Thursday, February 7, 2013

Hangzhou Dinner at Man Wah

A group of us converged upon Man Wah recently to preview their upcoming menu featuring signature dishes from the legendary Zhiweiguan Weichuang Restaurant (知味觀味庄) from Hangzhou.

Cuisines from the agriculture rich area of Zhejiang and Jiangsu provinces - in which the city of Hangzhou is located - are known for the clever use of many fresh ingredients grown and found in the region, combining with wide variety of cooking techniques - including sauteing, braising and double-boiling - which result in dishes with rich and seasoned flavors.

知味素三碟 The Vegetarian Trio
I was most impressed with the several vegetarian dishes on offer this evening, surprisingly. The appetizer of the vegetarian trio consists of 3 nicely presented cold dishes served as a platter - finely julienned vegetables in deep-fried tofu skin (traditionally known as vegetarian goose), green vegetables rolled in fresh tofu-skin, and candied pecans. The cooking just brought out the best of various seasonal ingredients commonly used in Hangzhou cuisine.

八寶糯米藕 Lotus Root with "Eight Treasures" Glutinous Rice
Another cold dish of stuffed lotus root with "eight treasures" glutinous rice was easily my favorite. This classic Hangzhou dish with Lotus Root cooked in slightly sweeten liquid (with sugar syrup and osmanthus) then stuffed with sticky rices and other sweet ingredients such as red beans, was presented as a pagoda - with auspicious meaning of stepping higher. I love the refreshing flavors from that of the floral osmanthus sipped through the sweetness from that of the lotus root and sticky rice.

油淋四素 Four Vegetarian Selections with Soya
Later on we also had a vegetarian quartet which consists of 4 kinds of vegetables flash-poached in warm oil  so as to keep their crunchy texture and fresh, green taste, and seasoned with soy sauce.

蟲草山家清供 Mountain Home Vegetarian Clear Soup with Cordyceps
The soup course - while not a vegetarian dish in the strictest sense - was remarkable as well. The mixed mushroom consomme with cordyceps. Ingredients such as morels, matsuzake and cordyceps (a Chinese medicinal herb) was slowly boiled in spring water (brought in from the source in Hangzhou), and turned into a clear, refreshing but rich consomme thanks to the infusion of morels and matsuzake mushroom flavors. We hardly noticed the absence of meat in the soup base.

金牌蟹汁鳜魚 Pan-fried Mandarin Fish with Crab Sauce
The other dishes of the evening highlighted the many facets of the cooking style in the region as well. Duck was braised in deep soy sauce - with thick and rich flavor typically found in local Shanghainese cuisine known as "Ben Beng Cai" (which literally meant Original Style Cuisine 本幫菜). Mandarin fish - a common freshwater fish species found in the region, was usually deep-fried and served with sweet and sour sauce. But I love this version of steamed, then poached with oil, and served with a sauce made from hairy crab roes and meat, which brought out the best from the silky texture of the fish, combined with the unique, almost creamy flavors from that of the hairy crab roes.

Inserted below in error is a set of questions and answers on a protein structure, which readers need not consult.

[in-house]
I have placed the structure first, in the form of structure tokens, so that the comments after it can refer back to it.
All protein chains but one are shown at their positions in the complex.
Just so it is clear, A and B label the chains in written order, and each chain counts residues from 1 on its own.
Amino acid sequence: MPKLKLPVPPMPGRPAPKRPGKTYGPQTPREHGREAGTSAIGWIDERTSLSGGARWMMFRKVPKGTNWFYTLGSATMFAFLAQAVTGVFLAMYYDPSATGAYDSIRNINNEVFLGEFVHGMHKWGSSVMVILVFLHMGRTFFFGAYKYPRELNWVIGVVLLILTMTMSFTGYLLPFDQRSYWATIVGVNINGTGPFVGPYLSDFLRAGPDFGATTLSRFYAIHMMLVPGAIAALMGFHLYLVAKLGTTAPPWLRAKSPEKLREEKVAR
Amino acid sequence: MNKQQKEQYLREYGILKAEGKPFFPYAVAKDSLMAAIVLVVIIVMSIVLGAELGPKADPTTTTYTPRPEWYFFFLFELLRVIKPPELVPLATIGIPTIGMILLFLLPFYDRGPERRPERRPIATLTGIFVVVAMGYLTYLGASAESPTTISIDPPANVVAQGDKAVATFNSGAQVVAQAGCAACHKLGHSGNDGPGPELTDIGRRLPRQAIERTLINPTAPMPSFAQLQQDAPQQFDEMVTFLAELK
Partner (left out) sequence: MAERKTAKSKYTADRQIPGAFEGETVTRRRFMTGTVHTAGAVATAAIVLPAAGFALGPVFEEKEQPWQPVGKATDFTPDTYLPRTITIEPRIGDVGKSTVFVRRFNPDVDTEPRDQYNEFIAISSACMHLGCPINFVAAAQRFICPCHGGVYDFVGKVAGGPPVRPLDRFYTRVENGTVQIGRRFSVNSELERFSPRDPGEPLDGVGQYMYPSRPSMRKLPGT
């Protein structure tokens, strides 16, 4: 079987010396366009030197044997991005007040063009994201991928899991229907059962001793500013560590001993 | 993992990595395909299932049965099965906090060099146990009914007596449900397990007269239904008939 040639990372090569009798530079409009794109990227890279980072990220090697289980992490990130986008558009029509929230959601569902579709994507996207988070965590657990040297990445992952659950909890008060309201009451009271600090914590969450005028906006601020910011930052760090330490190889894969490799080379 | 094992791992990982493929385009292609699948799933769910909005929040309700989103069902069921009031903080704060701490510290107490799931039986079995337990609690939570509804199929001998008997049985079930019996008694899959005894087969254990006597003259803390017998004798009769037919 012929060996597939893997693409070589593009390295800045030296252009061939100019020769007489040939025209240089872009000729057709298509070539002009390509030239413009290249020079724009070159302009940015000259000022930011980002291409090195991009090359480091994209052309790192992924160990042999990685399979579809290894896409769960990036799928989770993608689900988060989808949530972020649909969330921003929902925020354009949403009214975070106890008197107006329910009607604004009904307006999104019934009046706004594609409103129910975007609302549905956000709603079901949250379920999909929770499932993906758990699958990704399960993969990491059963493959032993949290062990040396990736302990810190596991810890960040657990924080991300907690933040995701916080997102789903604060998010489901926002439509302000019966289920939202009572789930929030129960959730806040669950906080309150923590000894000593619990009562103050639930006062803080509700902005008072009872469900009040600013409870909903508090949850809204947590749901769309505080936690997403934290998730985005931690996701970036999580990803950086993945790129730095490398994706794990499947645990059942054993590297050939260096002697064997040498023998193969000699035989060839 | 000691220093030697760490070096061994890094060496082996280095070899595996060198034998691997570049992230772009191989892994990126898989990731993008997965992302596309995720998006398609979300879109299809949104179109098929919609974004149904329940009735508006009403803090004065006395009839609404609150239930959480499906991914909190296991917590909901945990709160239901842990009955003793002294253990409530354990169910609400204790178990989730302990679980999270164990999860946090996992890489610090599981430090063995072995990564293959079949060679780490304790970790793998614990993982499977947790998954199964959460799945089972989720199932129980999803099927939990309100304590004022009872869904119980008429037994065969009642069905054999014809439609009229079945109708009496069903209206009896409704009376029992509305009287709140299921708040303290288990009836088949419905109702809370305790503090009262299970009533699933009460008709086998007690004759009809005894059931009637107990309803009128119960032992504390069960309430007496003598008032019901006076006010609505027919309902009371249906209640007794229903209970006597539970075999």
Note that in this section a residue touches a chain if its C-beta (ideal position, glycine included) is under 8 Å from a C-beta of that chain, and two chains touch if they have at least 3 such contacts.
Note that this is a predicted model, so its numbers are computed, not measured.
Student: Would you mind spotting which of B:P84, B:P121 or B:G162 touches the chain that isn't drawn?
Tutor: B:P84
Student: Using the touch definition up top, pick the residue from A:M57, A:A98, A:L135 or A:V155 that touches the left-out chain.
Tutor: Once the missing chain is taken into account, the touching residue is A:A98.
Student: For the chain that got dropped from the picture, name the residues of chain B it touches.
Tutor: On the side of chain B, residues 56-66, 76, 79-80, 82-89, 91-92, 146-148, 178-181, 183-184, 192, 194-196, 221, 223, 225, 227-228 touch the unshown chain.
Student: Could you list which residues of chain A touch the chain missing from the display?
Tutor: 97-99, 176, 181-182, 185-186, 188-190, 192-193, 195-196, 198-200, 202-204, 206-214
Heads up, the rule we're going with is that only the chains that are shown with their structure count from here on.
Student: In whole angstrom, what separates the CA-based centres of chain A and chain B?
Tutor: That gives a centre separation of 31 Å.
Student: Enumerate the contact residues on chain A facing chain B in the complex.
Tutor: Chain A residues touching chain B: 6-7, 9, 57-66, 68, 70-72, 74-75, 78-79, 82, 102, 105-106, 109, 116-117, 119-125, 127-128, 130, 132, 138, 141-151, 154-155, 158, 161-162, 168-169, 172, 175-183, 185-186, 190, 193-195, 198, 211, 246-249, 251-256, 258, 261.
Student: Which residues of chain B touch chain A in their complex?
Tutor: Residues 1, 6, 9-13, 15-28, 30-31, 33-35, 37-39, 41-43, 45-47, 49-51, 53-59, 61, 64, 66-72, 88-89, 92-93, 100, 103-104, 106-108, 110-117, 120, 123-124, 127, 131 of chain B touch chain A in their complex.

叫化雞 Hangzhou Beggar's Chicken
Beggar's Chicken needs no further introduction and is probably the most well-known Hanzhou dish. The chicken - after wrapped in lotus meat and mud and baked - was juicy and flavorful, and the mushroom stuffing served as a perfect compliment. The aroma immediately filled the room as the chicken was carefully unwrapped at the table with much fanfare (with the hammer and stuff)

龍井問茶 Dragonwell Tea Noodles
The Dragonwell Tea Noodles was an interesting dish - as you couldn't really tell what it is by its name. Noodles made in the shape of dragonwell tea leaves - a Hangzhou tea specialty - were presented in a tea glass with poached river prawns and Jinhua ham and served with soup made of chicken and dry scallops poured into the glass at the table. It's delicious and not filling - just what I needed as the dinner was drawing to the end.

南宋定勝糕 Song Dynasty Victory Cake with Osmanthus
Our dessert of the night was the sweet "victory cake" - buns made with brown glutinous rice infused with Osmanthus, stuffed with red beans and steamed in bamboo basket. This common Hangzhou snack was originated back in Song Dynasty, when a patriotic general successfully defended the city under siege after he was tipped off of the enemy's formation by a spy loyal to the emperor with a basket of red steamed cakes passed on as a gift.

It's definitely a fun night before Chinese New Year, with great company and yummy food to celebrate. Thank you Mandarin Oriental Hong Kong for hosting the event.

And more pictures on my flickr page -

When? January 30 2013
Where? Man Wah, Mandarin Oriental Hong Kong
Menu highlight: Lotus Root with "Eight Treasures" Glutinous Chicken, Pan-fried Mandarin Fish with Crab Sauce

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